Israel's Top Court Overrides a Basic Law as Knesset Speaker Decries a ‘Coup’

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Supreme Court President Esther Hayut and Justice Isaac Amit in court in February.
Supreme Court President Esther Hayut and Justice Isaac Amit in court in February.Credit: Emil Salman

Right-wing politicians slammed the Israeli High Court of Justice Sunday after it ruled that the amendment of a Basic Law last summer was invalid, saying the court had overstepped its boundaries.

The amendment extended the deadline for passing the annual state budget by 100 days, postponing the automatic dissolution of the Knesset. In the end, the controversial move did not help; the budget was not passed and the Knesset dissolved itself in December, leading to the election in March.

“That [the government] did not pass a budget on the one hand, but approved large government expenditures (including the distribution of coalition funding) as if there was a budget on the other hand, constitutes an invalid use of constitutive authority that is unacceptable,” wrote Supreme Court President Esther Hayut in the majority ruling.

Since the issue had become theoretical, “A notice of cancellation should be sufficient,” she wrote, but added, that if a similar amendment to the Basic Law on the State Economy was attempted, “The amendment can be expected to be struck down based on this notice.”

Knesset Speaker Yariv Levin at the Knesset, last year.Credit: Danny Shem-Tov/Knesset Spokesperson's Office

Three of the nine justices who heard the petition – Noam Sohlberg, David Mintz and Yosef Elron – believed it should be dismissed.

In a statement, Prime Minister Benjamin Netanyahu’s Likud party called the ruling “a serious blow to democracy” that “undermines the ability of the people to decide its fate and delivers another blow to governability, clarifying the need for a right-wing government that would put a brake on this dangerous trend, which a left-wing government with [Yesh Atid’s Yair] Lapid, Meretz and the Labor Party would only intensify.”

“We are witnessing a crazy event, as a group of six people don judicial robes to effect a coup,” said Knesset Speaker Yariv Levin. The ruling, he said, “Runs contrary to the most basic principles of the people’s sovereignty, the separation of powers and the rule of law. I will with all my strength stand against the effort to abolish democracy and to defend the status and authority of the Knesset.”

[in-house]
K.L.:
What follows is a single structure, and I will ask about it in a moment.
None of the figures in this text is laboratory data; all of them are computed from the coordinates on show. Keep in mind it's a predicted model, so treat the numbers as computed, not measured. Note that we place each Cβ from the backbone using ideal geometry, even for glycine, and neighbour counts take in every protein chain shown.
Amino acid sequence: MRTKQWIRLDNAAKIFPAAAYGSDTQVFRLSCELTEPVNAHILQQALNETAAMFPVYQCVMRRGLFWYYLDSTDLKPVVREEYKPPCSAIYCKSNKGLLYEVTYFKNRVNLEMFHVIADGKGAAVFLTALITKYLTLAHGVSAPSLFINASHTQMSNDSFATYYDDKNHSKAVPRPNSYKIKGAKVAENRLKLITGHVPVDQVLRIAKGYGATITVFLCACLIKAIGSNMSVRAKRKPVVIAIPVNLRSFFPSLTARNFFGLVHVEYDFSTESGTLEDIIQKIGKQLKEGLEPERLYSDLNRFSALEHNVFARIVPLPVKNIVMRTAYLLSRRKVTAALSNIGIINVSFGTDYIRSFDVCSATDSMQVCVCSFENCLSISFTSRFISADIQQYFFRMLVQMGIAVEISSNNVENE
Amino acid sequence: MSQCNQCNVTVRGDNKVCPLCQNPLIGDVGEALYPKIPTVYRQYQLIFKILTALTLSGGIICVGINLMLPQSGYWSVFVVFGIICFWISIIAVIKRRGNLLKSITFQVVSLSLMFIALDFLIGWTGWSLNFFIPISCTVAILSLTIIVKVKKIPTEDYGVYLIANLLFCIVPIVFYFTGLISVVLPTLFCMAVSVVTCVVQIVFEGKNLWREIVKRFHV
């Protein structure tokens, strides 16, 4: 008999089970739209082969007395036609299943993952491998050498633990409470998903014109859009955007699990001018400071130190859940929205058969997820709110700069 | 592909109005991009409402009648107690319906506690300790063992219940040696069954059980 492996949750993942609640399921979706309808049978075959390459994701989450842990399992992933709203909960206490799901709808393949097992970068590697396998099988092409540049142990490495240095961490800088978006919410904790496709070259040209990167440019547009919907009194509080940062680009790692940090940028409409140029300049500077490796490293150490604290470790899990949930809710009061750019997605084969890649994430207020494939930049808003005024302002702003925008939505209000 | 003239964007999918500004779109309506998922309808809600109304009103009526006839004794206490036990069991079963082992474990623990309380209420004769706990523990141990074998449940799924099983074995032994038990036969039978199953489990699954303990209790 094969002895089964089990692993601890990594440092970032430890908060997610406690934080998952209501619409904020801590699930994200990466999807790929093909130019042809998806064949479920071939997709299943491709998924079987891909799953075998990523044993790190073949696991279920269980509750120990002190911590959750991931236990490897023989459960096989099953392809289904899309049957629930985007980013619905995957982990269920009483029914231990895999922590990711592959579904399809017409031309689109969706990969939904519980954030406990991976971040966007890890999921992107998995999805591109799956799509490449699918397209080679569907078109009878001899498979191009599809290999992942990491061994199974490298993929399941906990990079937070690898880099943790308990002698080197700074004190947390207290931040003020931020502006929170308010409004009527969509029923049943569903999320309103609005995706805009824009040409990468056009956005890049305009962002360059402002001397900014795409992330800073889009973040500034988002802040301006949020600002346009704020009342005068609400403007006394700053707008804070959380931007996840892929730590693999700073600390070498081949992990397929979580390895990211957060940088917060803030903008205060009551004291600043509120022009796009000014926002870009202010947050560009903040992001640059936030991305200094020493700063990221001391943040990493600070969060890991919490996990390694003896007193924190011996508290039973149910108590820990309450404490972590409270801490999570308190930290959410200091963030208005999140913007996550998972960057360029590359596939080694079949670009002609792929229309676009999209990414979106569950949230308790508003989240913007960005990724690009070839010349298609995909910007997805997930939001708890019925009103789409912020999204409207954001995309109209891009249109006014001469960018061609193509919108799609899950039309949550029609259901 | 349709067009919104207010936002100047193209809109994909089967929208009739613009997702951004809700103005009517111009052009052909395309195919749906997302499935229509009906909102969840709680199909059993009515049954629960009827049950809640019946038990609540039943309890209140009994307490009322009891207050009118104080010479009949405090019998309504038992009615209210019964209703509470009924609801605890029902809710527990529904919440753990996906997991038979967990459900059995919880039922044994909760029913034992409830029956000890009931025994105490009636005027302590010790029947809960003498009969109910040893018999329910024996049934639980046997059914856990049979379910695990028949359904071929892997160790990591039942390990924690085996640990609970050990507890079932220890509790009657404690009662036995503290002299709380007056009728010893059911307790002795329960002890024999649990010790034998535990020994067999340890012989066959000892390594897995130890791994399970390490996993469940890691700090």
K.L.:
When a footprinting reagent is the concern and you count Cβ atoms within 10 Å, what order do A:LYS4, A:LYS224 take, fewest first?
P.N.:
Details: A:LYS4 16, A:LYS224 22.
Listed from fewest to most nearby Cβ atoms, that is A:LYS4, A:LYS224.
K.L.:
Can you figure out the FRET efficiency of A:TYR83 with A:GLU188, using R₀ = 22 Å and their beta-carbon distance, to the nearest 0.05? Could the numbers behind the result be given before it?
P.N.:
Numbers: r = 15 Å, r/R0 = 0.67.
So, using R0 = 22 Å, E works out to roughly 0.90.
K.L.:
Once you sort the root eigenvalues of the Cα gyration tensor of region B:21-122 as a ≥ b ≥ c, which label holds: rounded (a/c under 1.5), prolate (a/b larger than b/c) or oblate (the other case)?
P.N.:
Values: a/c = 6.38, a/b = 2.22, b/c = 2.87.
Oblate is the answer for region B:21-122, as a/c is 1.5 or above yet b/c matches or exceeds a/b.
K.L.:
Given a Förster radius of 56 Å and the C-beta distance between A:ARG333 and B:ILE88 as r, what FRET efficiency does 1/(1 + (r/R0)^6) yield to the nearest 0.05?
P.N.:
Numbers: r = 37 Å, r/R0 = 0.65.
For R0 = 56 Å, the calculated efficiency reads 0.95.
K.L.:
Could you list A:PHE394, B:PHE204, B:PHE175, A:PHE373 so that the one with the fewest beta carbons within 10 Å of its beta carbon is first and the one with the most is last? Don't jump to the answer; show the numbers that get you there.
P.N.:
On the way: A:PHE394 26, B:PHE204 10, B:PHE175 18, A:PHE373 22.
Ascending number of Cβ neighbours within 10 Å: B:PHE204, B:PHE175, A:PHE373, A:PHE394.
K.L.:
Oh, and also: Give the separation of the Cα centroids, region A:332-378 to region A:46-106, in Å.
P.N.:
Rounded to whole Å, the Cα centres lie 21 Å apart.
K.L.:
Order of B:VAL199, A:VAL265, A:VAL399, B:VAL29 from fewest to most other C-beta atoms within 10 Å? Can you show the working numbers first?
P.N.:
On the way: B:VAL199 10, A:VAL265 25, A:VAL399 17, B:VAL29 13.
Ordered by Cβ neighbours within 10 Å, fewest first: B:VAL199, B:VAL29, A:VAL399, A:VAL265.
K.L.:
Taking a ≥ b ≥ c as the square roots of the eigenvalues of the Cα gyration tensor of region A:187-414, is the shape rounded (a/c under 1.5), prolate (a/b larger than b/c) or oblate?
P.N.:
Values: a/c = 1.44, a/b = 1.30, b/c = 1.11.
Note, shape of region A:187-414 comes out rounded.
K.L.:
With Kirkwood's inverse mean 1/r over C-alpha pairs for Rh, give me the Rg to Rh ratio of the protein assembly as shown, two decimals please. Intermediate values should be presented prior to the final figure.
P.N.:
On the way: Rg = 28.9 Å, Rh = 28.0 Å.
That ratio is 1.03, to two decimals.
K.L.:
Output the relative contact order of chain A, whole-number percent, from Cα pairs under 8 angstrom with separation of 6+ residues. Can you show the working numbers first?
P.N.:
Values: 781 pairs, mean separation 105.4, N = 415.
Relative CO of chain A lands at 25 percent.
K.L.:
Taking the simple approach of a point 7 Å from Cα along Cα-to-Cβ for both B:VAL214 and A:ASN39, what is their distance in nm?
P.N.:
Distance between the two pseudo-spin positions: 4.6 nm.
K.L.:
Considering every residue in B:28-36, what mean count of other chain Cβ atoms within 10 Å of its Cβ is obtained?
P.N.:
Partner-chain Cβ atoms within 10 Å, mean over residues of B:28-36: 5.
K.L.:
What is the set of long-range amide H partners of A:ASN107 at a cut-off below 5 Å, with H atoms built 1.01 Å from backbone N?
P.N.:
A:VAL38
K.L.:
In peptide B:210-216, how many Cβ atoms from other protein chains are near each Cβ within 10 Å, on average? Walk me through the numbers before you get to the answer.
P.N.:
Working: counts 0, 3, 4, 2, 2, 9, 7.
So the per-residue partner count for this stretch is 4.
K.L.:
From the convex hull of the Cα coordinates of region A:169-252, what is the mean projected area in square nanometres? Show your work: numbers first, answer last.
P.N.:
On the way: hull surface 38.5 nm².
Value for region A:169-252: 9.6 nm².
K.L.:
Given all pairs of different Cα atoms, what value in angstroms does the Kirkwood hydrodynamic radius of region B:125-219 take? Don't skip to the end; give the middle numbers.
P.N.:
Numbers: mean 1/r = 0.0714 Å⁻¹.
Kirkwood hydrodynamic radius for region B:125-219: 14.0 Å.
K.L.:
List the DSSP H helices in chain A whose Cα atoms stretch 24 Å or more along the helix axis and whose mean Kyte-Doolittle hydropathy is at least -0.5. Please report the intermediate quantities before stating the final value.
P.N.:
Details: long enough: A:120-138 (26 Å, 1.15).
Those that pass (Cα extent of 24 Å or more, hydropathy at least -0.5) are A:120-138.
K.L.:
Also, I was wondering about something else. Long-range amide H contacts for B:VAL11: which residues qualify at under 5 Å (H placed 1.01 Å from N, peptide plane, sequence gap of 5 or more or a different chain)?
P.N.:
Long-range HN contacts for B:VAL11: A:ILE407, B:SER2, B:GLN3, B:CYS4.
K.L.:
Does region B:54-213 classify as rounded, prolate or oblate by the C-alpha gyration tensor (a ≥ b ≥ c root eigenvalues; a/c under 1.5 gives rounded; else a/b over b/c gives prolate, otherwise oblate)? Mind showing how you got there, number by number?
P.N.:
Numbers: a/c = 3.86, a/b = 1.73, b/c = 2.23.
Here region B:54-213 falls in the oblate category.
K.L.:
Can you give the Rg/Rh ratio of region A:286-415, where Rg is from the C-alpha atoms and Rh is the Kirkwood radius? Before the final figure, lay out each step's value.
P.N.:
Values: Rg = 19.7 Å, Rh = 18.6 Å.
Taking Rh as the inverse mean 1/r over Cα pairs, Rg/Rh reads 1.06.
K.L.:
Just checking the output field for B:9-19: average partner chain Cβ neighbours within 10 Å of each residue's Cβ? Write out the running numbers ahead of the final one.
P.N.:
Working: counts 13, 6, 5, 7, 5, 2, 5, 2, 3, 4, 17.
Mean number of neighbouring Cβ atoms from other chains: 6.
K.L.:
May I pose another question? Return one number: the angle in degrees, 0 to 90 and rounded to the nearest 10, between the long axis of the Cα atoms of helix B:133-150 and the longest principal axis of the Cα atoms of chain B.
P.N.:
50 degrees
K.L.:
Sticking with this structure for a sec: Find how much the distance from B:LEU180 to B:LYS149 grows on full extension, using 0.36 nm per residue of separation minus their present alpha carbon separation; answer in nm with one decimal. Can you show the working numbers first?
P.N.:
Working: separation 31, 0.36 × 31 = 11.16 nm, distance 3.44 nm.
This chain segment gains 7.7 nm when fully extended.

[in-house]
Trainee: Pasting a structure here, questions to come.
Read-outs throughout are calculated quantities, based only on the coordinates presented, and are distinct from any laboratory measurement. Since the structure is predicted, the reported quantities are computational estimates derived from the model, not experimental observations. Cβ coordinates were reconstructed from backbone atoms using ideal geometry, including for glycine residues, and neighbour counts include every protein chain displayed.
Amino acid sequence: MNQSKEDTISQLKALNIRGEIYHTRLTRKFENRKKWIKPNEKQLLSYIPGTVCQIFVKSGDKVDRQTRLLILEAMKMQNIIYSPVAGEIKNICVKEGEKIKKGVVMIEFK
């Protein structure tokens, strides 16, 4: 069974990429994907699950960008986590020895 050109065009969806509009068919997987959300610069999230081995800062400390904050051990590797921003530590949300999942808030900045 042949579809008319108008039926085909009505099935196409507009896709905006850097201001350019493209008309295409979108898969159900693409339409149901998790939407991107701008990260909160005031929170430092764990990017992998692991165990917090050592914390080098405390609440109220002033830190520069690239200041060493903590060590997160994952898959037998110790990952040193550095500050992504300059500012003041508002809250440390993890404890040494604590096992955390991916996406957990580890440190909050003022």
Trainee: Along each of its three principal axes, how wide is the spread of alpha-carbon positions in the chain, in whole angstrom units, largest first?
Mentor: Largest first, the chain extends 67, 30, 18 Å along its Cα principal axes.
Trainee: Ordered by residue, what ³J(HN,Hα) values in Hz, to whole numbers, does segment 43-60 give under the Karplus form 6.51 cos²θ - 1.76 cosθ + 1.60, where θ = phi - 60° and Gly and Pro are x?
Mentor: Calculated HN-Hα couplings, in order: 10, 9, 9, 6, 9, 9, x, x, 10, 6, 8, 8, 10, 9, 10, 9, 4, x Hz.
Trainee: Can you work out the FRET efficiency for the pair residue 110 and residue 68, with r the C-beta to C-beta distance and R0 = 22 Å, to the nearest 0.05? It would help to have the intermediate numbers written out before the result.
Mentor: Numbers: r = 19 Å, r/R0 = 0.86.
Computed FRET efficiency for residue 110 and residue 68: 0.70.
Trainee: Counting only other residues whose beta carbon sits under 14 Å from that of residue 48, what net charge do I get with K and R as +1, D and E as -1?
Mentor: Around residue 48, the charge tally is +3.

Religious Zionism Chairman Bezalel Smotrich said, “The High Court of Justice overturns a basic law without blinking an eye. ... This is ‘just’ a notice of cancellation but the precedent has been set. Now the High Court can strike down the [Basic Law on Israel as the Nation-State of the Jewish People] and essentially any law it doesn’t like. The solution is simple – do not obey its absurdities. There is no other way.”

Attorneys Hagai Kalai and Gaya Harari Heit, who represented petitioners New Contract and former MKs Stav Shaffir and Yael Cohen-Paran, said, “This is an important ruling, that establishes what ought to be self-understood – the Israeli constitution is not a personal enterprise and not subject to political horse-trading. We must hope that the ruling will halt the prevailing trend of recent years to change the rules of the democratic game time after time and will assure a stable and long-term constitution.”

Attorney Oshi Elmalich, director of the National Responsibility movement, which was also a petitioner in the case, said, “The High Court and its ruling are the public’s Iron Dome against the improper exploitation of basic laws and their circumvention by the government and government institutions. The High Court ruling is a mark of shame for a coalition that tramples on any governmental norm.”

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